Free agent profile: Reggie Evans [Video]
This is the 34th post in a series of free-agent profiles that analyzes particular players and how they might fit in with the Lakers.
Toronto Raptors power forward Reggie Evans
Type of free agent: Unrestricted
Positives: Evans is considered one of the league's most efficient and aggressive rebounders. Despite his limited jumping and mobility, he averaged a career-high 11.5 rebounds per game last year with Toronto, including four per contest on the offensive glass. His rebound rate, according to Hoopdata.com, shows that he's remarkably efficient. Because Evans would only be used as a backup to Pau Gasol and Lamar Odom, that efficiency would come in handy because it'd be easy to just plug him into the lineup and allow him to go to work. Even with Evans' limited offensive game, Hoopdata shows that most of his buckets come off putbacks. Considering the Lakers' depth at the power forward position, they would simply need a reliable backup that can hold the fort during garbage minutes and to give Gasol and Odom a breather.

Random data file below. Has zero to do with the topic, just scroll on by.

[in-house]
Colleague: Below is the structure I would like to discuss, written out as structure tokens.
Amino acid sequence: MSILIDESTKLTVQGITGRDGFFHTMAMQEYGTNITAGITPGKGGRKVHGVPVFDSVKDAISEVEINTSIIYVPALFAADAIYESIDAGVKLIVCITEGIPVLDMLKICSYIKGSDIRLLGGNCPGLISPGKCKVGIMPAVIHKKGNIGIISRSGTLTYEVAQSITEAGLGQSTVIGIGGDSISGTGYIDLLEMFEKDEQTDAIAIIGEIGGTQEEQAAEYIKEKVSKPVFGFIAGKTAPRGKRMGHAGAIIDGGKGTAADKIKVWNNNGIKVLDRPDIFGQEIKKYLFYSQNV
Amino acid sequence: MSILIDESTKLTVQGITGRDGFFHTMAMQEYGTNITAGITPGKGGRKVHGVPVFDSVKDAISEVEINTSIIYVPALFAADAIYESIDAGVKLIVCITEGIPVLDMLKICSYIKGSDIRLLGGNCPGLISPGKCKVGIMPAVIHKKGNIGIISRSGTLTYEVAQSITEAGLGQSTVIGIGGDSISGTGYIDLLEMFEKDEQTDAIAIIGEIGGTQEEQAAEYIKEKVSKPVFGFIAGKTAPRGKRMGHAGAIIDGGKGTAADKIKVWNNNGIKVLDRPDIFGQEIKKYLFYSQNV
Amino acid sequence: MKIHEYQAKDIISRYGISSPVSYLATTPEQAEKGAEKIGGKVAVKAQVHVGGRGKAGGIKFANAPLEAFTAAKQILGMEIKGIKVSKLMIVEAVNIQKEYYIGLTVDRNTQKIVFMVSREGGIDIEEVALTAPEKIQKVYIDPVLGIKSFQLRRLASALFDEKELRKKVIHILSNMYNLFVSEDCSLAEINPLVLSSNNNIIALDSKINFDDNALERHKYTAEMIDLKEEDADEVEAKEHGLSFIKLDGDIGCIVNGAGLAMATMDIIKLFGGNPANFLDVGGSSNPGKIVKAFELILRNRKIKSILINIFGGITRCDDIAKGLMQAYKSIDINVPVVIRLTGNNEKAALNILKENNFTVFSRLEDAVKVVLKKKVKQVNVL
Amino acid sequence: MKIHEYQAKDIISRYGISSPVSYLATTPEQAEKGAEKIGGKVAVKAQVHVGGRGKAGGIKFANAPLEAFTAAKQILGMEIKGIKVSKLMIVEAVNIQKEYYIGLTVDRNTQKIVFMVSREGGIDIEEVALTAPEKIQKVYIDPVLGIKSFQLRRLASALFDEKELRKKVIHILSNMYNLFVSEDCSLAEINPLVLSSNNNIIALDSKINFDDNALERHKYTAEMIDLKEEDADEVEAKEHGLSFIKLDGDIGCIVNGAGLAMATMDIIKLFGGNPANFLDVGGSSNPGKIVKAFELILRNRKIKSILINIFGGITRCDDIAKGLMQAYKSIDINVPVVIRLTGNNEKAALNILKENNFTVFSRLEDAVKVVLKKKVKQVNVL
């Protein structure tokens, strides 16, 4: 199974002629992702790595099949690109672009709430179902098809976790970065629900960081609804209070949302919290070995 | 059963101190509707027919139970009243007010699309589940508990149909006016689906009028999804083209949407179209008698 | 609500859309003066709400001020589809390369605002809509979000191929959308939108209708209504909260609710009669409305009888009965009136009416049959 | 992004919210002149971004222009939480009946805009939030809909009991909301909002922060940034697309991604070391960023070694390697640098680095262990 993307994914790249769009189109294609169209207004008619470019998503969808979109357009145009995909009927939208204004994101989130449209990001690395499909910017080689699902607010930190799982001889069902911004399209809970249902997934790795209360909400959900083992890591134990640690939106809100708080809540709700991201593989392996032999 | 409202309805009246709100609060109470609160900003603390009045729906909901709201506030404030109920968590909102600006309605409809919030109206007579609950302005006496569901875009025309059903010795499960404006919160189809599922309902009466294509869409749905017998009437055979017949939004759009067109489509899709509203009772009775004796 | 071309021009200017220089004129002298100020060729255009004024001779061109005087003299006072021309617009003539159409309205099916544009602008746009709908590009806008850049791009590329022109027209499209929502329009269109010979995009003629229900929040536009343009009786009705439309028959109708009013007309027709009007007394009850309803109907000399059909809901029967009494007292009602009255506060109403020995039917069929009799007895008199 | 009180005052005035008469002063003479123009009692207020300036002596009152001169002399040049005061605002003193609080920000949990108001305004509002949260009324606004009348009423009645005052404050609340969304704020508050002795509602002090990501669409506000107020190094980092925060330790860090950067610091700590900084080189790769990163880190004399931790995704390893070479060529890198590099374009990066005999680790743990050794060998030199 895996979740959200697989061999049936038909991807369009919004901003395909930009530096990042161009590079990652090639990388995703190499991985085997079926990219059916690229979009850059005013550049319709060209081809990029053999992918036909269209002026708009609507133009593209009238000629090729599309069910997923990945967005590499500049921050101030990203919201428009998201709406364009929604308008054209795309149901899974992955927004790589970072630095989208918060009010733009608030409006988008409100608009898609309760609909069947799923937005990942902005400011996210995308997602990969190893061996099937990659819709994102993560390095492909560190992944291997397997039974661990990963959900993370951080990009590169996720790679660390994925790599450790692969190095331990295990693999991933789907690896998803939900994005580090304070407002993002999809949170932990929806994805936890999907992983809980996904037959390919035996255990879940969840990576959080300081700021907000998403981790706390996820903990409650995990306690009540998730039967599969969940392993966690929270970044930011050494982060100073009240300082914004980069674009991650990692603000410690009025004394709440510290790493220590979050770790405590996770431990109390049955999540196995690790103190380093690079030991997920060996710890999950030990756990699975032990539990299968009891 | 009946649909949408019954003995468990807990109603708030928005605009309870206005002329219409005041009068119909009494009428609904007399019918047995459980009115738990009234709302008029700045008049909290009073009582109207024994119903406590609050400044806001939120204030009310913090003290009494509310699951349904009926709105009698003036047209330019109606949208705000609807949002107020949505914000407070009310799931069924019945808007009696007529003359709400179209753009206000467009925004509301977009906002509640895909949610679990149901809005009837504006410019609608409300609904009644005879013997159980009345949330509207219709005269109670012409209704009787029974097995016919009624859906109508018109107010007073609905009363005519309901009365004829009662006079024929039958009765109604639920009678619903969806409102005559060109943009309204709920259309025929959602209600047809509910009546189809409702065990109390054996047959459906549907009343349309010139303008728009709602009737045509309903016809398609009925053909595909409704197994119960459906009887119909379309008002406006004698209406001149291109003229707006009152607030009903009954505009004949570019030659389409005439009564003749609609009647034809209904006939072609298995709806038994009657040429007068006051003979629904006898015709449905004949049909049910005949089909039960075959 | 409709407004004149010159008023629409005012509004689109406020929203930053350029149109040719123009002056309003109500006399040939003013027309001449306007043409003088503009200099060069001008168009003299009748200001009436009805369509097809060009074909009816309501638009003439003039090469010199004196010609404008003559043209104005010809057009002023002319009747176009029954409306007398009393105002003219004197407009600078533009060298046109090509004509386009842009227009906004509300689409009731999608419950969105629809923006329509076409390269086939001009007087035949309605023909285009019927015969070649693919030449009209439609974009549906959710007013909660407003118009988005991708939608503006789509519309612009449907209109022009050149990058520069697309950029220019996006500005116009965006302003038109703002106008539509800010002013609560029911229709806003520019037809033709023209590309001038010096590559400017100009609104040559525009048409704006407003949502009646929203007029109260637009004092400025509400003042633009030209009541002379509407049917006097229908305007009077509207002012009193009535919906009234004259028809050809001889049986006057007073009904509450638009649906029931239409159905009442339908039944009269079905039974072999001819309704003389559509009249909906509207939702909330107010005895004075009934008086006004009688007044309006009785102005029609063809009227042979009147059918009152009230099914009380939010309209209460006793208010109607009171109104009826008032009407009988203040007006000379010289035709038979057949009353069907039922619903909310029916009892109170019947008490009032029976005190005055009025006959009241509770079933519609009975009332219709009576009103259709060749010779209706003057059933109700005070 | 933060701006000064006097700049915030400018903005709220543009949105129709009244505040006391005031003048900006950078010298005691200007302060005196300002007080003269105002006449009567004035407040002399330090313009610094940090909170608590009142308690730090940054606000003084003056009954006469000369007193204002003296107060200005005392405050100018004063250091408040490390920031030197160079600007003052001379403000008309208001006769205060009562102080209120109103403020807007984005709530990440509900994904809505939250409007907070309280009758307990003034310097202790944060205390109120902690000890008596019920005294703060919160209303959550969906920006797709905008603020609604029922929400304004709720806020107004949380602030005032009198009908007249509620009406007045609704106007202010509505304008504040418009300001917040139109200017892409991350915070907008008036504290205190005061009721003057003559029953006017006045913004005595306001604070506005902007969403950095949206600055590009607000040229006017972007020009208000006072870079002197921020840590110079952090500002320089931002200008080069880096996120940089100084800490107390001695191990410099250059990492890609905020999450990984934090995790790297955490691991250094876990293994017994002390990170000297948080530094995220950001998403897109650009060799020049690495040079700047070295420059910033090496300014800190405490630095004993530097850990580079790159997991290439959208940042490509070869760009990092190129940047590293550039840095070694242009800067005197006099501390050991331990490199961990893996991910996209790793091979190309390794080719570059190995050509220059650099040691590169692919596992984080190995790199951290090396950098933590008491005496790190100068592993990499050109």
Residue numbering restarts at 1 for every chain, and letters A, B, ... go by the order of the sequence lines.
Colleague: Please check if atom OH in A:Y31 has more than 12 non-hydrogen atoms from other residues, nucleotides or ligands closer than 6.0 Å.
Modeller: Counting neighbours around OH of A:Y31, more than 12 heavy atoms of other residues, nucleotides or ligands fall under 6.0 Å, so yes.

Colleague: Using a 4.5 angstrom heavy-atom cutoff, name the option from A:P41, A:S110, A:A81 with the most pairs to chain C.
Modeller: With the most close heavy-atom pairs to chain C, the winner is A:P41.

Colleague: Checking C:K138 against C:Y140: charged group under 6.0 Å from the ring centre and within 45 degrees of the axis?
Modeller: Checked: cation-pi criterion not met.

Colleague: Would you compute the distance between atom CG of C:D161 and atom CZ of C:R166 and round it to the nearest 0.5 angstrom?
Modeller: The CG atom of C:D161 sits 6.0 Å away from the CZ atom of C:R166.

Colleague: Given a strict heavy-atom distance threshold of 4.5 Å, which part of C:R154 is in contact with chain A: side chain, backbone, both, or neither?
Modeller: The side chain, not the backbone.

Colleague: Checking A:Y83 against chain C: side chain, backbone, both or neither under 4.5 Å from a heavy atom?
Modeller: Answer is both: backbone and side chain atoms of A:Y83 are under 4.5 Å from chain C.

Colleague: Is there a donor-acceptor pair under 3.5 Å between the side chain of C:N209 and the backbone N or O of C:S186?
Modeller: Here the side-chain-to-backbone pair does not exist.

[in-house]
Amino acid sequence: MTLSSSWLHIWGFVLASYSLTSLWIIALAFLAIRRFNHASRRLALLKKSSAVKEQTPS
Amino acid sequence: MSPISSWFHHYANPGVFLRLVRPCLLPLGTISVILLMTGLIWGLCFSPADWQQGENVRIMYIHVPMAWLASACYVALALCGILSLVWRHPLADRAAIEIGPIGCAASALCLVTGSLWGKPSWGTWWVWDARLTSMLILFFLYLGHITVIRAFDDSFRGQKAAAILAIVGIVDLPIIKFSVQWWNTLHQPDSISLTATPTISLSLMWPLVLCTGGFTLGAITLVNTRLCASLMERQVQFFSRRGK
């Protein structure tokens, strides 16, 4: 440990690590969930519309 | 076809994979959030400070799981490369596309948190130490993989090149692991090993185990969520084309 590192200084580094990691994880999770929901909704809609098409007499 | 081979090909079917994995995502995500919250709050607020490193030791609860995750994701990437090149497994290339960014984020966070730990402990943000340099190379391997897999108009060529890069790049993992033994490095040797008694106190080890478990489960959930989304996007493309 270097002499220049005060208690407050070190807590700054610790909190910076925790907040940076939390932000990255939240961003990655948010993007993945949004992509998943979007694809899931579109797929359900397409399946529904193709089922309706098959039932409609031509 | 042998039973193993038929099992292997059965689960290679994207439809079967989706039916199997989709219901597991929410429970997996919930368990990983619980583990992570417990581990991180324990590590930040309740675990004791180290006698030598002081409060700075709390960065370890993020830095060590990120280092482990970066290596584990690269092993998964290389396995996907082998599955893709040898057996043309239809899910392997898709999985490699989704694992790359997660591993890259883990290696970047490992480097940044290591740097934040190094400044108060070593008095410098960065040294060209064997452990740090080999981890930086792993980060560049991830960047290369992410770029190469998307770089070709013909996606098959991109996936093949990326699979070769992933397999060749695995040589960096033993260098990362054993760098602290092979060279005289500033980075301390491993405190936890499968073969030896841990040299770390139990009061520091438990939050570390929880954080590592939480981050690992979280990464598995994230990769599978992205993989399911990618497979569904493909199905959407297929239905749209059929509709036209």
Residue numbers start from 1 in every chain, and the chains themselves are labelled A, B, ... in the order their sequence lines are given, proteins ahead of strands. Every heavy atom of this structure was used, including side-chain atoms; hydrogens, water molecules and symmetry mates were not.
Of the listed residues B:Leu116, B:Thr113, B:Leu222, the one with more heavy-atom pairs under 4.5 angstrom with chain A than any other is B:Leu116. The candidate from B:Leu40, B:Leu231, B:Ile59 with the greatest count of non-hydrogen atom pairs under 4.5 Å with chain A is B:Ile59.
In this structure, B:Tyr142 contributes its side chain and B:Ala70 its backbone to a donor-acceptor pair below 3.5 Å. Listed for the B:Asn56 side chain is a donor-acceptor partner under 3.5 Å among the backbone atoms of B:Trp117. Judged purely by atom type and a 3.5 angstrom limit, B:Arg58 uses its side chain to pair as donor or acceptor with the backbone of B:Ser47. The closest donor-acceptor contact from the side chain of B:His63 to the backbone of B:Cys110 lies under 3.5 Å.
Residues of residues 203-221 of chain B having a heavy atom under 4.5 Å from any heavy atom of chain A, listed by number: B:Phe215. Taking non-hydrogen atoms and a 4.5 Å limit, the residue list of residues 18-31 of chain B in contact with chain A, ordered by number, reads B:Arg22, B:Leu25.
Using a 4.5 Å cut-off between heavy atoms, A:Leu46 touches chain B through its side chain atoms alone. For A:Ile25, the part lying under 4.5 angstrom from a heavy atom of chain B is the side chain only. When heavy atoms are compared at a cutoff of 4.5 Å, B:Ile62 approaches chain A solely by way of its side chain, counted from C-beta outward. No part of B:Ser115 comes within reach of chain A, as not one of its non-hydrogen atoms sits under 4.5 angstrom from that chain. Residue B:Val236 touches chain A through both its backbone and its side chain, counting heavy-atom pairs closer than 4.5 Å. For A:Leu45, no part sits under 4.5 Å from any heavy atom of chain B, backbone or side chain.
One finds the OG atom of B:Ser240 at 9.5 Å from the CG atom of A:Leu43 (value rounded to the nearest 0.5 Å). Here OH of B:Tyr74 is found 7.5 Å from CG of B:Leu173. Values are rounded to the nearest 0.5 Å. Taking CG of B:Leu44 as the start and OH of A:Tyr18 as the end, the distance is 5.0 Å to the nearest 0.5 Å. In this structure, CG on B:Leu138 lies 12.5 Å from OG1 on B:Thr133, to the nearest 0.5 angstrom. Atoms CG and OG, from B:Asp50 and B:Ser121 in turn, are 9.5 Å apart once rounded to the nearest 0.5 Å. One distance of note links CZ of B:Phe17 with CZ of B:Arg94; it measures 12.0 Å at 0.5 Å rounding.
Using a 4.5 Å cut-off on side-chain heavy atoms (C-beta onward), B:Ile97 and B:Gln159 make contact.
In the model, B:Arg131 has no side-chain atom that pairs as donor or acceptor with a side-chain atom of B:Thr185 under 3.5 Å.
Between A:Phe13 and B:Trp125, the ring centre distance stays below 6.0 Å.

Negatives: Evans' aggressive play comes with a price. He's averaged 2.4 fouls per game during his nine-year career and has developed a reputation for playing dirty. The Lakers could value that physical play to some degree, but Evans often goes overboard, once even resorting to tapping Clippers center Chris Kaman below the belt so he could get a loose ball. His offensive limitations are bad enough and his lack of movement doesn't allow him to fit in interchangeable lineups other than remaining at the basket.
Verdict: There's no way the Lakers would be willing to pay the $5.1-million salary Evans earned with the Raptors last season. But not to worry. The new collective bargaining agreement will likely lower that value, which wouldn't be as high anyway since Toronto heavily relied more on his services than the Lakers would. Even with Evans' limitations, he would be a good get simply because he has a specific skill set that he excels in consistently. All the negative aspects of his game won't be as magnified because he would play in garbage minutes.
-- Mark Medina
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